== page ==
The government was forced to drop proposals to ease lockdown restrictions before Easter after scientific advisers warned that doing so could result in 55,000 more deaths, reports suggest.
Documents published by the government’s Scientific Advisory Group for Emergencies (Sage) showed how modelling predicted that in four different scenarios of lifting lockdown, there would be a big rise in cases and deaths if restrictions lift too quickly.
Under one scenario, it was proposed that outdoor pubs and restaurants, outdoor attractions and non-essential retail could reopen by the Easter Bank Holiday weekend. However, the proposals were scrapped and replaced with the current 12 April goal for reopening these sectors.
Experts said in the documents that in all four scenarios modelled, there was a “substantial resurgence in hospital admissions and deaths”.
Speaking at the Downing Street briefing on Monday evening, the government’s chief scientific adviser Sir Patrick Vallance said that the government did not end up choosing any of the four scenarios modelled, but went for one that lays “between those options”.
He added that the modelling was carried out to “lay out scenarios, not to point to a single answer”.
“The sooner you open everything, the higher the risk of a bigger resurgence,” he said. “The slower you do it, the better.
“And importantly, if you want to understand what you’re doing because we don’t know for sure what the effects of the different measures are, do steps with enough time between them that you can measure data.
“And that means probably allowing something like four or five weeks between each step – four weeks to be able to measure the effects of the step you’ve just taken, and then a week for people to actually get ready in terms of what needs to happen.”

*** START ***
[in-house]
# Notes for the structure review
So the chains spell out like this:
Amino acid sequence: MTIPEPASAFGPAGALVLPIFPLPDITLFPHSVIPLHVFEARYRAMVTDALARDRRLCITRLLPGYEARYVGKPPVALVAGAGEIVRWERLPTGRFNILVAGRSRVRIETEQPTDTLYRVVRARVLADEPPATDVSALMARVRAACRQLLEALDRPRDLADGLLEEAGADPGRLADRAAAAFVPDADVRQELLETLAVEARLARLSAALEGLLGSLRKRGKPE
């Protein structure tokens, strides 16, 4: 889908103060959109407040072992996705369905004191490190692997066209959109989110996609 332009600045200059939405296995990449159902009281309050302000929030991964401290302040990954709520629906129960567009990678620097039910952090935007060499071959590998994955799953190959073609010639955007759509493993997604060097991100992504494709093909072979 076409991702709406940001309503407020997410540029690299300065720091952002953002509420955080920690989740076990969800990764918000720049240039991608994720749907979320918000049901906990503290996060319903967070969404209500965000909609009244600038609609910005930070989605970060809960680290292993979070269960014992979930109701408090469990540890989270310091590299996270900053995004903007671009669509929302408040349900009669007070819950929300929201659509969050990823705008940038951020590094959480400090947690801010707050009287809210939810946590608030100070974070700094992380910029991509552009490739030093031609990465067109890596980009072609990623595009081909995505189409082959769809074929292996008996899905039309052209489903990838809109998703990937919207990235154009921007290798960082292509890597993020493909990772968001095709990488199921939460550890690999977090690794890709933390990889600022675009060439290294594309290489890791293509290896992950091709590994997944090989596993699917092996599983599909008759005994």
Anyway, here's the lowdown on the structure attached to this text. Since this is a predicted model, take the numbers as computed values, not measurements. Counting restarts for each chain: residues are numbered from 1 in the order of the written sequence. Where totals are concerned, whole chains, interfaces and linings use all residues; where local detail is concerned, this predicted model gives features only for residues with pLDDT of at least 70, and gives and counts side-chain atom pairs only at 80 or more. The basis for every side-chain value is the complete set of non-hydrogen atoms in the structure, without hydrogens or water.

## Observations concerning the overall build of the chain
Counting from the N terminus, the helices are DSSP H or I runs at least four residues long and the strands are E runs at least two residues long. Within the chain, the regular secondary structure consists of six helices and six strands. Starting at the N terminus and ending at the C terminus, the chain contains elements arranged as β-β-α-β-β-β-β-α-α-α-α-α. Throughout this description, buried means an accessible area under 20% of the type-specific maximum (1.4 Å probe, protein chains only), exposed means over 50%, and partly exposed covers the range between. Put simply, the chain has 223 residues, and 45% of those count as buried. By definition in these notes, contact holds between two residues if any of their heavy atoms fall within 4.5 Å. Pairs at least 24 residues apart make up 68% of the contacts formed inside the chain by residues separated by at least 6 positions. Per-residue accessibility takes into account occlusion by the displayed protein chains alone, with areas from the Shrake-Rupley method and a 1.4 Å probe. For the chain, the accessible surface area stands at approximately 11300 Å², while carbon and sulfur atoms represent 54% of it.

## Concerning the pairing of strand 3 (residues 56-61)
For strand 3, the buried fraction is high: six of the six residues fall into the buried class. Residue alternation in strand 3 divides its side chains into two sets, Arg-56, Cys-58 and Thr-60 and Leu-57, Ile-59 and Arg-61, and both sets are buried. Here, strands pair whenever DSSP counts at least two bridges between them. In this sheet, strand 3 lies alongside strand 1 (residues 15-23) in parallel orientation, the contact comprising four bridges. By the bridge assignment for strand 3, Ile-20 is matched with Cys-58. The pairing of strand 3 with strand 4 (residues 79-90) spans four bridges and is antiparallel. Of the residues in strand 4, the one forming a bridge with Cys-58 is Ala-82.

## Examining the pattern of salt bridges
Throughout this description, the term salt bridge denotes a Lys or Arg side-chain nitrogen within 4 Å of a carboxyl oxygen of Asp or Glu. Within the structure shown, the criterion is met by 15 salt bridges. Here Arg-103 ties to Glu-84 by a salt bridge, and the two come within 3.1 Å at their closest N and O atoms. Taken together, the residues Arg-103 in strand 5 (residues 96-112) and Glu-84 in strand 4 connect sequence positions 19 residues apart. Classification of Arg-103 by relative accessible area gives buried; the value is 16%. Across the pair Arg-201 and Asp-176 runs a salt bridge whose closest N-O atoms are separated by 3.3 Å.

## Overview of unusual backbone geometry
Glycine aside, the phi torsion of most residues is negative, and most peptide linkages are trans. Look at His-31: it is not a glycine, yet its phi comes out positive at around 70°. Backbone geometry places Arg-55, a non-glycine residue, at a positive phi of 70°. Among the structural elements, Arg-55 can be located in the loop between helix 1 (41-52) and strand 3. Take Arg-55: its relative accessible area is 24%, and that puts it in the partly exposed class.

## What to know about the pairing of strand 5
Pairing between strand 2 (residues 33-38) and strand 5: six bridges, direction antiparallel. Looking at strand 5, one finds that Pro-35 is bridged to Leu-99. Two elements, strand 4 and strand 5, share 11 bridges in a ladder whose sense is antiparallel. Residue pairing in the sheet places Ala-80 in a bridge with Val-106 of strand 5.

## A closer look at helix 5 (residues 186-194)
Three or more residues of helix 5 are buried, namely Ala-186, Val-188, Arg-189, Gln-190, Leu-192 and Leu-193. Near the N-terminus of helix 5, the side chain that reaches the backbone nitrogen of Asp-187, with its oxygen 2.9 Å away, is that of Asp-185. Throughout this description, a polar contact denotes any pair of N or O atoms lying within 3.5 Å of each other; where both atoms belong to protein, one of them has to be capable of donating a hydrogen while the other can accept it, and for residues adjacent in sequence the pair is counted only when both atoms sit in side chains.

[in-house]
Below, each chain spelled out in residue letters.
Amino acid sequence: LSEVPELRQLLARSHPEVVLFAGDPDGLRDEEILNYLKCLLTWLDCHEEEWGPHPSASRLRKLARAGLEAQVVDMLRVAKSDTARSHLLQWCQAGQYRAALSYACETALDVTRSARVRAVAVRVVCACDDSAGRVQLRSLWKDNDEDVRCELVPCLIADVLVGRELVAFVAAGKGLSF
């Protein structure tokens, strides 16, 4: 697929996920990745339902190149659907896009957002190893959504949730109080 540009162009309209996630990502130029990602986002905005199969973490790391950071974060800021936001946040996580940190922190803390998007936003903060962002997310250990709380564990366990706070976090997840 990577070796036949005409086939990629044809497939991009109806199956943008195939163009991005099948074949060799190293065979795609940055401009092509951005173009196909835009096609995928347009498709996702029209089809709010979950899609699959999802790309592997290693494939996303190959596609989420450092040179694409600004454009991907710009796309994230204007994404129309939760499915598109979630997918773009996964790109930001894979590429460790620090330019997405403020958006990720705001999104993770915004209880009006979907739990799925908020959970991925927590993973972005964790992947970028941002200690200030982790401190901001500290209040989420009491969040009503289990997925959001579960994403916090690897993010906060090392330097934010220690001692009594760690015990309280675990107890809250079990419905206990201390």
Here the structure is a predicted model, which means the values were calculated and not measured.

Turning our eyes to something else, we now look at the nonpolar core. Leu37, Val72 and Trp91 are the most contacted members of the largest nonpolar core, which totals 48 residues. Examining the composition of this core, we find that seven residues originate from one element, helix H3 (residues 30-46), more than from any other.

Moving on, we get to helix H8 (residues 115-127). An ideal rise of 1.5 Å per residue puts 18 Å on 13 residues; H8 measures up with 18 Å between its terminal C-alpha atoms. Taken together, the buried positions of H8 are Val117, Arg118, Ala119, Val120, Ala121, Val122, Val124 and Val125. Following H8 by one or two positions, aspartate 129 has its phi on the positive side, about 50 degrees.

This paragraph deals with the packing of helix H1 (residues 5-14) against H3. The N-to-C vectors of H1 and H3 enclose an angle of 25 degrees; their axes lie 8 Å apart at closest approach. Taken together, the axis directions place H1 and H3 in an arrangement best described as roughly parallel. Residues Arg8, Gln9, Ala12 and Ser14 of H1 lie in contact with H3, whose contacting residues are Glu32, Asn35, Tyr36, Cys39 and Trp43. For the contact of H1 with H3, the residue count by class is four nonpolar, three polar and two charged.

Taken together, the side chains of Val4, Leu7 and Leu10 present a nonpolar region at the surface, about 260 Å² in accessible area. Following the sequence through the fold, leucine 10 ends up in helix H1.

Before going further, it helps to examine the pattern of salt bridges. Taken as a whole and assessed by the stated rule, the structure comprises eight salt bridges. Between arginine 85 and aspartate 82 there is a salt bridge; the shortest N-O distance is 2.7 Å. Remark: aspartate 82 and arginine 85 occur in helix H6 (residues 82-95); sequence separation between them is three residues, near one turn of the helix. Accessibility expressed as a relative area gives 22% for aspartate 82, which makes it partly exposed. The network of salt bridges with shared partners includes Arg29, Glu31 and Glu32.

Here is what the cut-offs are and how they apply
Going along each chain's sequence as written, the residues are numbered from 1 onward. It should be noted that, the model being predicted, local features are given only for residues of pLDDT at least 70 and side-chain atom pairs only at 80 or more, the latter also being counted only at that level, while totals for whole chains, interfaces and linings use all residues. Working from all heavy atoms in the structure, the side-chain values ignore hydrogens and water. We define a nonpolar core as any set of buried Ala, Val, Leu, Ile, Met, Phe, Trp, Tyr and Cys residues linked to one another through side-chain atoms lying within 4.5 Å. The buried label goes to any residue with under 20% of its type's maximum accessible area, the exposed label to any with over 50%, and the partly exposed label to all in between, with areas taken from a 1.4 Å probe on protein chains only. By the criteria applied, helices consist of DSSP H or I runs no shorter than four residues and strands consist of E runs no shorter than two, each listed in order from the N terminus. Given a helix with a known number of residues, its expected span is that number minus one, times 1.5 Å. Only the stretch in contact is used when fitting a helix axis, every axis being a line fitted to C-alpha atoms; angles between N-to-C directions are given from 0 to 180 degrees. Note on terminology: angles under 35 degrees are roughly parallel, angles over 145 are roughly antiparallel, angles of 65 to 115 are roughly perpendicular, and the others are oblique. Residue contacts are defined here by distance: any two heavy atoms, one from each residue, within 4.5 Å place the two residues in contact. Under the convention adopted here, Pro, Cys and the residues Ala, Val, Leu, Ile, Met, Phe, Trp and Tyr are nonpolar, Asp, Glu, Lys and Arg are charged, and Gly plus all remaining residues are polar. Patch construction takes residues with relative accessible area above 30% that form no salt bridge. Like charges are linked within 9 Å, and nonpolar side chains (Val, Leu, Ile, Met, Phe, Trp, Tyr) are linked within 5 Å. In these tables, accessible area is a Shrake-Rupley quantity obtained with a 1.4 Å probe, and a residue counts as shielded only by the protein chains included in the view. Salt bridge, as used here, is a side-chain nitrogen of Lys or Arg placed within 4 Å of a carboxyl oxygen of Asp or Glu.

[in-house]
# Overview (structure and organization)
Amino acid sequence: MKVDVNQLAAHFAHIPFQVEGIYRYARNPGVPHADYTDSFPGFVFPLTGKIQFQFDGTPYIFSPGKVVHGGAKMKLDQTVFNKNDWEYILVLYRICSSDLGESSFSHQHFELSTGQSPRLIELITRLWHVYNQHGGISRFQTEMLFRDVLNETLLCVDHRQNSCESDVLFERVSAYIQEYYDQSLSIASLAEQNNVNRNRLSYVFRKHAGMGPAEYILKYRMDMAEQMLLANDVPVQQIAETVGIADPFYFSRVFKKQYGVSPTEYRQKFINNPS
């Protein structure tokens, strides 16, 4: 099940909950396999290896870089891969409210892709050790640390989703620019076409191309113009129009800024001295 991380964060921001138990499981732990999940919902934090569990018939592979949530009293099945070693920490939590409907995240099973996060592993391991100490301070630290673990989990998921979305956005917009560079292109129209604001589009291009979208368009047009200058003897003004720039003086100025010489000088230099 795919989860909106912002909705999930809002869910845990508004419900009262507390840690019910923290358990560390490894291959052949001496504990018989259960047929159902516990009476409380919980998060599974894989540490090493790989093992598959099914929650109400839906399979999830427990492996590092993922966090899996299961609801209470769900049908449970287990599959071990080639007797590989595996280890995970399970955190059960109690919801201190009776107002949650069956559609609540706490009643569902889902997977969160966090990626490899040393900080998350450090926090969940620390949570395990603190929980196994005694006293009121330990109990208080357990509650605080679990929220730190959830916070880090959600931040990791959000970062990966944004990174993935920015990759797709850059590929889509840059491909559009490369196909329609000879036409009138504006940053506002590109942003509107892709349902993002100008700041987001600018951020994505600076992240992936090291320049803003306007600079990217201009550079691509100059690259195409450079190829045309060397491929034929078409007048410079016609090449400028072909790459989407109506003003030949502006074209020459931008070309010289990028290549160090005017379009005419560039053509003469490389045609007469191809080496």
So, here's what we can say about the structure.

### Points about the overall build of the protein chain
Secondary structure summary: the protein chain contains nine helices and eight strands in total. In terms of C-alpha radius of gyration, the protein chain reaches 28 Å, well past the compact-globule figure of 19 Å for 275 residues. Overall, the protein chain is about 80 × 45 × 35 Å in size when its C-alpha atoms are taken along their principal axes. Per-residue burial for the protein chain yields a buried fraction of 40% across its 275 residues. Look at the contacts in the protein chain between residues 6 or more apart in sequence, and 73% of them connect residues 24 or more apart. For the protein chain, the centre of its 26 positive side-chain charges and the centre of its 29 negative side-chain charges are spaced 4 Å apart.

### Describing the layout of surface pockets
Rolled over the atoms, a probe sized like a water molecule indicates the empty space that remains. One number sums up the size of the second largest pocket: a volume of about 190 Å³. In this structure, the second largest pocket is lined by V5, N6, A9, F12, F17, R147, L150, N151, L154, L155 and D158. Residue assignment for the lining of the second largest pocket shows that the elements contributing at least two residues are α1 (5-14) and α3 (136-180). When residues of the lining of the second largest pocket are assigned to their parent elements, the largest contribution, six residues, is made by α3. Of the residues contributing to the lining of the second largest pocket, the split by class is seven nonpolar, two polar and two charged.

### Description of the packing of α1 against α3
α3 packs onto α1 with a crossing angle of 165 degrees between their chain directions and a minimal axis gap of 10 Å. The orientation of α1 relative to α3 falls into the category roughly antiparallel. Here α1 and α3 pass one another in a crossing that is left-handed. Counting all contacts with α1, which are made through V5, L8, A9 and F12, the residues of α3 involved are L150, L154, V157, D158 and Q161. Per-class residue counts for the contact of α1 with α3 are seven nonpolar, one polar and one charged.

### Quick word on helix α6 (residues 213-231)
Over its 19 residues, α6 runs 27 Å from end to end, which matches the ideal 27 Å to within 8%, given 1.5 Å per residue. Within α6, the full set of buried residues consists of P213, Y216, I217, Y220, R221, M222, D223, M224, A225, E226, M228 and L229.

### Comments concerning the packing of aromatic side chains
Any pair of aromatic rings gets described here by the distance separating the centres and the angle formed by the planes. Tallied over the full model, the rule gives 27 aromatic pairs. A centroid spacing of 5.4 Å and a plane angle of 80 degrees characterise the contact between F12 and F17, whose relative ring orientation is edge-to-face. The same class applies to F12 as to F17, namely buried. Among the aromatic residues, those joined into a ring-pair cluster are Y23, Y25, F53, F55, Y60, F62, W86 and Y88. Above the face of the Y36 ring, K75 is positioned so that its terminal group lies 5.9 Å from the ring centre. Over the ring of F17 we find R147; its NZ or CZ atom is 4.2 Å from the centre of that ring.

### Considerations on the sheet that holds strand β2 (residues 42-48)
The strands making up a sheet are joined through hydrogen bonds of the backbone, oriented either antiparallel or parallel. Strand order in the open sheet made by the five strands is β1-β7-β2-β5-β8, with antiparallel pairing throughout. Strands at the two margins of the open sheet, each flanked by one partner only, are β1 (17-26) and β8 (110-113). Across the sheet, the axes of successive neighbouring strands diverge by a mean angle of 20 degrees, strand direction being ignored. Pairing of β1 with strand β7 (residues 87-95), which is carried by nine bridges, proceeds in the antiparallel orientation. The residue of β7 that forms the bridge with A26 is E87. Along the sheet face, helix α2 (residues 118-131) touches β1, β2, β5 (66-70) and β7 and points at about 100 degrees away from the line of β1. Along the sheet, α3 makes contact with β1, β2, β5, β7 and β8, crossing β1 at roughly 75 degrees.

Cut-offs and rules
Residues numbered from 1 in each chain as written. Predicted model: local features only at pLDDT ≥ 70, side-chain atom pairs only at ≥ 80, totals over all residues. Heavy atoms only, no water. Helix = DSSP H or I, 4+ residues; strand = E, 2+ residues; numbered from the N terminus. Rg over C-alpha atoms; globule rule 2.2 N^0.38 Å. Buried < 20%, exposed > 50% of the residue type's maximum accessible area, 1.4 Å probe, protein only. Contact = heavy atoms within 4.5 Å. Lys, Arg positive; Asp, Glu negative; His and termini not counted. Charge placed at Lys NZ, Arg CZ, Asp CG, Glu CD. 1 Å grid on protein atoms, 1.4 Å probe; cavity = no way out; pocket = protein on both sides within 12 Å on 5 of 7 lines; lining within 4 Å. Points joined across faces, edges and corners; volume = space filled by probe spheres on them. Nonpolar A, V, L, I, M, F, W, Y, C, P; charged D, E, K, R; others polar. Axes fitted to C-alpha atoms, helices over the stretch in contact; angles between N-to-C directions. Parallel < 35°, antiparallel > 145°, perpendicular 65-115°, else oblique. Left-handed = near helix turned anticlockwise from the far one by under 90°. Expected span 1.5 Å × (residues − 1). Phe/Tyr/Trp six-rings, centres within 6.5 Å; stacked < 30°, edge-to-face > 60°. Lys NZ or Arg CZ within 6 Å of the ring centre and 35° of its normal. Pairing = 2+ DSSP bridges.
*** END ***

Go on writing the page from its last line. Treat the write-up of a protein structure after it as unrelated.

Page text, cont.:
The Sage document advises that it “would take several weeks after lifting one set of restrictions to determine whether it is safe to take the next step”, which guides the government’s decision to wait at least five weeks between each stage of the roadmap out of lockdown.
It also recommends that “baseline measures” be maintained “to reduce transmission once restrictions are lifted”, and that by doing so, to “is almost certain to save many lives and minimise the threat to hospital capacity”.
However, according to the modelling by the University of Warwick and Imperial College London, the document says that even under the most optimistic set of assumptions, at least a further 30,000 Covid-19 deaths could occur.
“If restrictions were to be lifted by the start of May (over a period of two months, starting in March), hospital occupancy would be highly likely to reach levels higher than at the peak in January 2021, even under optimistic assumptions around vaccine rollout,” it cautioned.
“Relaxing measures later therefore has two benefits it allows prevalence to be brought down further, and also allows more people to be vaccinated before R (reproduction number) increases.
“The combined effect of these means a significantly smaller resurgence.”
Other experts have also expressed concern over the modelling released by Sage and fear that if restrictions are relaxed too far, new variants could drive up infection rates by September.
Professor Martin Hibberd, professor of emerging infectious disease at the London School of Hygiene and Tropical Medicine, said: “Looking at the modelling, I have a worry that September this year will be very similar to September last year.
“With some luck, I think we may escape the predicted huge increase in cases in June and July, thanks to vaccines being better than we thought, but if we do, we will end up too relaxed and then be wide open for new vaccine escape variants to arrive and drive up the cases for September.
“Just as last year, we need to be planning to get test and trace to work, preferably by returning it to Public Health England, NHS and local government, during the hopefully quiet summer months, so that any new upturn in cases can be quickly spotted and averted without the need for lockdowns again next winter.
“Where is the planning to make us resilient to future outbreaks?” he adds. “If we don’t do it now, it will certainly be forgotten by the time we need it.”